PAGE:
About ten minutes later, the phone rings. The phone rarely rings. Sometimes, it’s my mother, sometimes it is the estate agent who still get enquiries from people wanting to look at the house, and sometimes it’s a salesmen. But on this occasion - astonishingly - it was Luke. It was as if he had heard me crying and wanted to cheer me up. Only a few days ago, I was typing up my diary entries from the Edinburgh fringe festival, and from the time when we worked together on the Sunshine Special. Luke was only ringing on a whim, because he’d just been rung up by Helmut in Senegal. A year or more ago, I’d tried to put Luke in touch with Helmut (somehow involving Manu in Berlin), and I’d never heard any more. In fact Luke had never followed through with the contact information I gathered for him; but now he was ringing to say that Helmut had coincidentally rung him, and that he, Luke, would be going to Senegal in December to discuss future collaboration. But Luke hadn’t really rung for a chat, so we agreed to meet later in the year (although I doubt we will).
I went for my run, but even the sunshine and the pretty autumn could not lift my spirits. Let me see if ‘Cheers’ can.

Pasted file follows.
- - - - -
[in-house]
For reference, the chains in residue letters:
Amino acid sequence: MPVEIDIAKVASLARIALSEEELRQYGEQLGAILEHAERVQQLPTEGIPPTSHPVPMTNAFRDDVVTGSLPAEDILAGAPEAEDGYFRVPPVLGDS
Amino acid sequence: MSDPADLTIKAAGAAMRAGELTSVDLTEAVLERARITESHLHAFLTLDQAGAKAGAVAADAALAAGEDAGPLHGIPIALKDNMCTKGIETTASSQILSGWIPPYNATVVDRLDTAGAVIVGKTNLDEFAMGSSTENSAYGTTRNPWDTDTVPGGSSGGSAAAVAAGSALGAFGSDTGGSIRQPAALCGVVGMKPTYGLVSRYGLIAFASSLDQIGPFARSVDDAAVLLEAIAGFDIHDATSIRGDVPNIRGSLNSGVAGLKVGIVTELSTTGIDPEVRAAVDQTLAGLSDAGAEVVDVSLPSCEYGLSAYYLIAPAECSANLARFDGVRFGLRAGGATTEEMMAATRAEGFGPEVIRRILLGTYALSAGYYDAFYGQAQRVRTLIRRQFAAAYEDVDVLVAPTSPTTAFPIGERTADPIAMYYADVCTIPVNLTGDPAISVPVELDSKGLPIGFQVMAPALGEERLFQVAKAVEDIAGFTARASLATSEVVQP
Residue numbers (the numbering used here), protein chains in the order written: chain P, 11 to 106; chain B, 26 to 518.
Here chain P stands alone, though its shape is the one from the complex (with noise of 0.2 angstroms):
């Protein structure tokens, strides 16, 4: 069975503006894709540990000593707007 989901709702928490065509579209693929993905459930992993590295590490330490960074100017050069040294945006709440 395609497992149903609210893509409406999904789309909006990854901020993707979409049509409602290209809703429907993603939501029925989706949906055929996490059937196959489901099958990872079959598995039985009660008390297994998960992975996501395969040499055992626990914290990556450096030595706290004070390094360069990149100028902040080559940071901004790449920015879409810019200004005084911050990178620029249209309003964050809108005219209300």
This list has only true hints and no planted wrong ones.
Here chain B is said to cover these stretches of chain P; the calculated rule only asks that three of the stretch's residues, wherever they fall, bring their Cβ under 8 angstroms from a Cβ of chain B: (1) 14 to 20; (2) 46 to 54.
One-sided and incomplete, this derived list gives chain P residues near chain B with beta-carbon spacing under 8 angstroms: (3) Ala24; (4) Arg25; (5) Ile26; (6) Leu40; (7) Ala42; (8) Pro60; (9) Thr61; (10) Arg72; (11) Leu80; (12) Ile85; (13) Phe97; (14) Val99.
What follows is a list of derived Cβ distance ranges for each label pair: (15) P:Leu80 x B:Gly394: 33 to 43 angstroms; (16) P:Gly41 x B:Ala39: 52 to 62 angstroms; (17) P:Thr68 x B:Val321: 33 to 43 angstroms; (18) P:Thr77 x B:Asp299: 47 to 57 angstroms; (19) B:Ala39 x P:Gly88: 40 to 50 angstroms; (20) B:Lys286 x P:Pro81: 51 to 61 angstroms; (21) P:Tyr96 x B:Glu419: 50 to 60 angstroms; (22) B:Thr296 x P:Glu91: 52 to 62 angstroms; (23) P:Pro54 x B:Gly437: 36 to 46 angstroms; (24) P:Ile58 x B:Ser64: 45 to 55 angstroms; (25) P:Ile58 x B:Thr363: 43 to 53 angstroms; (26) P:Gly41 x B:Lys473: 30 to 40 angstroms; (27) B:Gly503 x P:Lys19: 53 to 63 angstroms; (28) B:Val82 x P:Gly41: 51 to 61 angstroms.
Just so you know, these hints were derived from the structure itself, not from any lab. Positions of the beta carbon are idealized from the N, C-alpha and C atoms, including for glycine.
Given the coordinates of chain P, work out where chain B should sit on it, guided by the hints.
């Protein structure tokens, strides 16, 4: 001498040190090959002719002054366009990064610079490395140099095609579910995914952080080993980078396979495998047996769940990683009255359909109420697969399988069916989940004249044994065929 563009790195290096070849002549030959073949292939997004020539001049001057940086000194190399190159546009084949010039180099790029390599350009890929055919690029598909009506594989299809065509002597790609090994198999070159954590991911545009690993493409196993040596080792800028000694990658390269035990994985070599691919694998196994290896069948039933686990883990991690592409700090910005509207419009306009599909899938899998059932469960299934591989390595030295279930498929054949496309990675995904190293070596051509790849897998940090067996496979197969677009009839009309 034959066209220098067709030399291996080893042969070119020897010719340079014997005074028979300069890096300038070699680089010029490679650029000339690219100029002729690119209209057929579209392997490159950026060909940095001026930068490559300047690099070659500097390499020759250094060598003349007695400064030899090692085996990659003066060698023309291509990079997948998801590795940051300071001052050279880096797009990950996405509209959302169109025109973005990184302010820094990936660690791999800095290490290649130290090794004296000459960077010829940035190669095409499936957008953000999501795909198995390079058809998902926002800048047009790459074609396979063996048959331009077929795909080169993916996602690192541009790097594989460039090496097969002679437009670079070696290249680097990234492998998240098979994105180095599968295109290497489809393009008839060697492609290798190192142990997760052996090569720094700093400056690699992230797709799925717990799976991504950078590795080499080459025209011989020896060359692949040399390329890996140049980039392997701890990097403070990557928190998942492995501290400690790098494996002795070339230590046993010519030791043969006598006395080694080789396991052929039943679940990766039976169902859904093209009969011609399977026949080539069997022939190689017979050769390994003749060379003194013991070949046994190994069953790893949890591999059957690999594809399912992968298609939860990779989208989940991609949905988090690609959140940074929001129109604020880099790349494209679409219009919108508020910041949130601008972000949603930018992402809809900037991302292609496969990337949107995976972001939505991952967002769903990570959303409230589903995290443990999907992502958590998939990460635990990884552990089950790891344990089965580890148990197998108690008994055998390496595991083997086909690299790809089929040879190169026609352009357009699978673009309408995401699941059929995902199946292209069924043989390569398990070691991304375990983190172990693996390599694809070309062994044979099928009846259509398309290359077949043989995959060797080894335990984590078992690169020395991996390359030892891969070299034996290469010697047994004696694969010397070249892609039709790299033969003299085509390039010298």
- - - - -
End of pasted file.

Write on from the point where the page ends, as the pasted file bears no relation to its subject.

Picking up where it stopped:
What a fantastic autumn. After the warm and dry summer, I expected a cold wet winter to descend quickly, but not so. It is balmy weather, dry, windless, warm. Today I’ve been out cycling to immerse myself in the splendours of autumn, the incredibly bright oranges, yellows, ochres, russets, apricots, gingers, coppers, mustards, lemons all lit up and made fluorescent by the low sun. I took the camera and snapped a few slides along the Wey and across Puttenham Heath. At Seale, I found the teashop open so took refreshment - it was warm enough to sit outside. Although it is already November, there are still many leaves on the silver birch trees and the virginia creeper. This is a month later than in previous years; usually, the oak trees are the last to turn yellow and brown and loose their leaves, but this year they seem to be giving in to fall in tandem with the rest of nature.